Choices must be made. Some are forced upon me - an early argument between two suitors forces me to estrange one. ANd then I'm aware how this preys on her mind, distracting her from the mission. Frequent visits to her quarters fail to repair the damage wrought by my philandering. Maybe if some of my previous decisions had been different I would have more tools to persuade her with, but my heavy handedness when helping other closer friends has damned me to the equivalent of a very light grey on the games' morality system putting some conversation options under lock and key.

One crew-member tells me she doesn't want to share me. I want to lie to her, but find myself unable to. There is a knot in my stomach that turns tighter when I consider the possible ramifications a lie would have. That the desires of the flesh are digital does not mitigate my morals. I tell her I have to think about it - that traditional, cowardly way out we've all used.

But the time comes to decide and there is no way to avoid it.

Mass Effect 2 had me believing the ramifications of my acts would reach farther than this game; that my choices would be carried over in to the next one.

For some time I had been juggling the shy girl, and beautiful ice queen. Both had made their intentions very clear. My trepidation remained. Logically, I knew the only difference would be a cut scene. But Mass Effect 2 had me believing the ramifications of my acts would reach farther than this game; that my choices would be carried over in to the next one. This could matter. My final partner could actually be a commitment.

As I rejected one of my interests I feared her response. I didn't want to alienate her as a friend, least of all diminish her loyalty or distract her from the mission at hand, placing her life in the balance. She took it surprisingly well, to the point I was happy it wasn't really me, the way she took rejection in her stride would have crushed my fragile ego.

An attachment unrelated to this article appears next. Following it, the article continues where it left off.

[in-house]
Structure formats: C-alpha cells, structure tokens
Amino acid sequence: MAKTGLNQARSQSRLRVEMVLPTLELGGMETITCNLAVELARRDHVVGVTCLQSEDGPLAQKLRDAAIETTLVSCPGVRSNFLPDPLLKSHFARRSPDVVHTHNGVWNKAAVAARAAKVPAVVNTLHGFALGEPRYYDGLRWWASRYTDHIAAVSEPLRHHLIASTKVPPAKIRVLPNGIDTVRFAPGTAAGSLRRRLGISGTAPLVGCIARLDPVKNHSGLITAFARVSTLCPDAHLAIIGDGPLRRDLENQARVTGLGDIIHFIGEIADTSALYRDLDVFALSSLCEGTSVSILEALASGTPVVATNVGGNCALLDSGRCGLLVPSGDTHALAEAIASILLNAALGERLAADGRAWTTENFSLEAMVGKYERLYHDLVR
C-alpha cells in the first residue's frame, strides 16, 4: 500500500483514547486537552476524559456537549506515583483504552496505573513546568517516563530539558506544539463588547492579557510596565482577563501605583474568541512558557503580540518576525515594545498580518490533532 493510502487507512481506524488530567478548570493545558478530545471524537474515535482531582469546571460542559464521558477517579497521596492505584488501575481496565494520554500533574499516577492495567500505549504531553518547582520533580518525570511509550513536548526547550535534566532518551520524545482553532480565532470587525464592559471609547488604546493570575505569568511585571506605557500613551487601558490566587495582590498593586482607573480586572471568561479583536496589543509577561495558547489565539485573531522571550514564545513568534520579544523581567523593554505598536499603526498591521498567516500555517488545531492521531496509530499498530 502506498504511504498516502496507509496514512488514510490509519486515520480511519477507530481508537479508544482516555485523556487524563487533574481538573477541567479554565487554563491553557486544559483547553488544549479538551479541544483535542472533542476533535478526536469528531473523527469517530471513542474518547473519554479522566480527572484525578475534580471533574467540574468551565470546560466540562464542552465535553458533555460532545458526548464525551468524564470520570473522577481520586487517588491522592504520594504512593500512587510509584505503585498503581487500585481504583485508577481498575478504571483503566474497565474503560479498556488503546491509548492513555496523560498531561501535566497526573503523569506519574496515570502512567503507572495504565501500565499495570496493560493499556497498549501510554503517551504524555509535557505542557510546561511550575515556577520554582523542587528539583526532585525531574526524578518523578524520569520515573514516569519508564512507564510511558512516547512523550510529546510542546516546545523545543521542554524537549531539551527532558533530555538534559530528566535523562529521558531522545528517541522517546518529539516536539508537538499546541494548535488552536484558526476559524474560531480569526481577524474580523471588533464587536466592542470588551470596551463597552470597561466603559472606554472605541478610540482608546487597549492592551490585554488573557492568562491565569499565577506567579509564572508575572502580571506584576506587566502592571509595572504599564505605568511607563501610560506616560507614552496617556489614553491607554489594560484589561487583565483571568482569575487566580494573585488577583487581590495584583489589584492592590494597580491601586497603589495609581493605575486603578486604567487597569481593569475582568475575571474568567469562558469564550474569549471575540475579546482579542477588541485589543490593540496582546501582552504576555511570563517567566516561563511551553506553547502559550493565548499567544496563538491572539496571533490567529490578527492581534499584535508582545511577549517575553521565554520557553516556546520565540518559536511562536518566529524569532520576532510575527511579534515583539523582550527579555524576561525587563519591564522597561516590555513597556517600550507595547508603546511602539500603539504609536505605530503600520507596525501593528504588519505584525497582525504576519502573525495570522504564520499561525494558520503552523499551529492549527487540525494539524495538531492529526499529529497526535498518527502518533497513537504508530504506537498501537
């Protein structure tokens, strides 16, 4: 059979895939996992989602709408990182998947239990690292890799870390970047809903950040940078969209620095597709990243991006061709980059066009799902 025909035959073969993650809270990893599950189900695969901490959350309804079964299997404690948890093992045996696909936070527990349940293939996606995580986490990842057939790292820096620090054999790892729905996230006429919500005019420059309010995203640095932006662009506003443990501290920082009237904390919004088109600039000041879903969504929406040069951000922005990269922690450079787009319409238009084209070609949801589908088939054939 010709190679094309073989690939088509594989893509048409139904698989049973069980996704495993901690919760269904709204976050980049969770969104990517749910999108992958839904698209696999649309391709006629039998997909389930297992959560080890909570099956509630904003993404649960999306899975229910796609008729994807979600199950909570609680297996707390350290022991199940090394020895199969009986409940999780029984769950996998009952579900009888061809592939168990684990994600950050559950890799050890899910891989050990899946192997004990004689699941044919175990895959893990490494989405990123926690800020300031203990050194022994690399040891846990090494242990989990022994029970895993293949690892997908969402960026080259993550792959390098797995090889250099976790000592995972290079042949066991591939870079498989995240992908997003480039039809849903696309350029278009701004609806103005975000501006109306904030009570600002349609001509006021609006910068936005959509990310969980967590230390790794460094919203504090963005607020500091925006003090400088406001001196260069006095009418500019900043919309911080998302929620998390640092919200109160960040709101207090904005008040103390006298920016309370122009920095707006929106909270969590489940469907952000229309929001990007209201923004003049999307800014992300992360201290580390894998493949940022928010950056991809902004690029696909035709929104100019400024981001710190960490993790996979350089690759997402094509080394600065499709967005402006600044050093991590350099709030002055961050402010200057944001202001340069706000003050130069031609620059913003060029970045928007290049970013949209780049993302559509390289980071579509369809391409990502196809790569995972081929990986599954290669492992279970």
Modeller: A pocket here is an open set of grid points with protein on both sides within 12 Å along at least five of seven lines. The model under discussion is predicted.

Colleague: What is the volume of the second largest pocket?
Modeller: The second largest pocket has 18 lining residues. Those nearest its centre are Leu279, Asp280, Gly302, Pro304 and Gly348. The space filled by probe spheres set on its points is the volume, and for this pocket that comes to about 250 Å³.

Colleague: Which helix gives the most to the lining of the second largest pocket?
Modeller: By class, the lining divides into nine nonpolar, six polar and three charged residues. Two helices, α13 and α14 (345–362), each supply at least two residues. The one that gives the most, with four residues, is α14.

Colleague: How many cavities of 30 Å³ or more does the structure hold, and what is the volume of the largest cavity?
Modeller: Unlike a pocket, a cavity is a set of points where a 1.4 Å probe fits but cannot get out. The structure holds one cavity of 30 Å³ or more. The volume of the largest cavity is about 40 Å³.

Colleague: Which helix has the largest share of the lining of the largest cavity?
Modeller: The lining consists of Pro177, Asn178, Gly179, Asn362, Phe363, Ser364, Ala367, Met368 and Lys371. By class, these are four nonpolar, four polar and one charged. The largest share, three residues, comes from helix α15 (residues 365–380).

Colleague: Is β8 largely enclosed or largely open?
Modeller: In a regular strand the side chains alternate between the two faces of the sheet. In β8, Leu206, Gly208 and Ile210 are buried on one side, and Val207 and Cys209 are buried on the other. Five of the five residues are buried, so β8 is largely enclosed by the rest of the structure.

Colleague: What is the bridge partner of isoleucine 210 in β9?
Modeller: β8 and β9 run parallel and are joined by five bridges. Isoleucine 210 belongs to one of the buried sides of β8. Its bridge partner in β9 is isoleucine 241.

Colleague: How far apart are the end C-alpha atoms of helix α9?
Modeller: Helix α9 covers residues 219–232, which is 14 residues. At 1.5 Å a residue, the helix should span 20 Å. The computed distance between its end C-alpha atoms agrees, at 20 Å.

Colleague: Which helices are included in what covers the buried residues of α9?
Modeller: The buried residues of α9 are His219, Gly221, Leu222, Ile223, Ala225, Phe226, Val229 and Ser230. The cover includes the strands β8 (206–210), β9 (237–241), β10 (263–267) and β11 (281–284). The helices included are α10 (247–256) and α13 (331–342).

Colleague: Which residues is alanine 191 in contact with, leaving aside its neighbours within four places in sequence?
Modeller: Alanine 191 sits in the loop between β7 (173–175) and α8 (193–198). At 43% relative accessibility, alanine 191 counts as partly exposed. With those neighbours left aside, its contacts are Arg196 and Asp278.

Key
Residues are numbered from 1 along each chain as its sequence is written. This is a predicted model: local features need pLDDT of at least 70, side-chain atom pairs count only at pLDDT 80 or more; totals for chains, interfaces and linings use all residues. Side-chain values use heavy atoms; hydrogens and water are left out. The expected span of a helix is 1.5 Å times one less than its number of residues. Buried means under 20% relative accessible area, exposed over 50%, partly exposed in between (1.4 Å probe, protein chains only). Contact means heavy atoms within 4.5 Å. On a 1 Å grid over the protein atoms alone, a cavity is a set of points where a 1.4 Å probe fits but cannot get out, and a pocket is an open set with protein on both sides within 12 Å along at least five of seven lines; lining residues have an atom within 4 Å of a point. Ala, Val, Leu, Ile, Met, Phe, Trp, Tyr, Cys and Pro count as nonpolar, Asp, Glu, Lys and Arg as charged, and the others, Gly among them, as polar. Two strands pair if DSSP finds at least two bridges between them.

I went back and continued the other courtship. My pulse quickened slightly - I was nervous. Regressing to a teenage version of me, I imagined all the ways I could have failed in my clumsy advance. Had news of my philandering made its way back to her, would she have changed her mind, were all my chances now destroyed? I needn't have worried. All the right boxes had been ticked on an invisible checklist, and non-committal was not an option.

Soon after, she came to me. I was treated to a touching scene. I was happy with my choice. Tender and joyful, if I were heading for death, it would at least be a warm memory to take with me.

And while there are some fairly transparent equations taking place behind the scenes dictating these interactions, deep in the drama of the game I couldn't see it. My disbelief had been well and truly suspended. Even if I had noticed I don't think I would have cared. Each of my squad seemed real in that game space, conveying enough emotion and personality to create a connection between us, driving me to care about them and fear for their safety and well being.

As I ponder my commitments and choices, I look ahead to the next instalment. I'm happy for the time I've investmented here, that makes me part of that growing band of players who understand just how special Mass Effect is becoming. The pressure is on for the finale.

Written by Alex Beech

You can support Alex by buying Mass Effect 2



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Alex Beech writes the Scared Gamer column.

"Games connect us to exhilaration in various ways. I love mine to scare me. Although the shock, horror and gore are all pretty unnerving, nothing comes close to the sweaty palms of playing games that take you to ridiculously high places - InFamous, Mirror's Edge and Uncharted to name a few."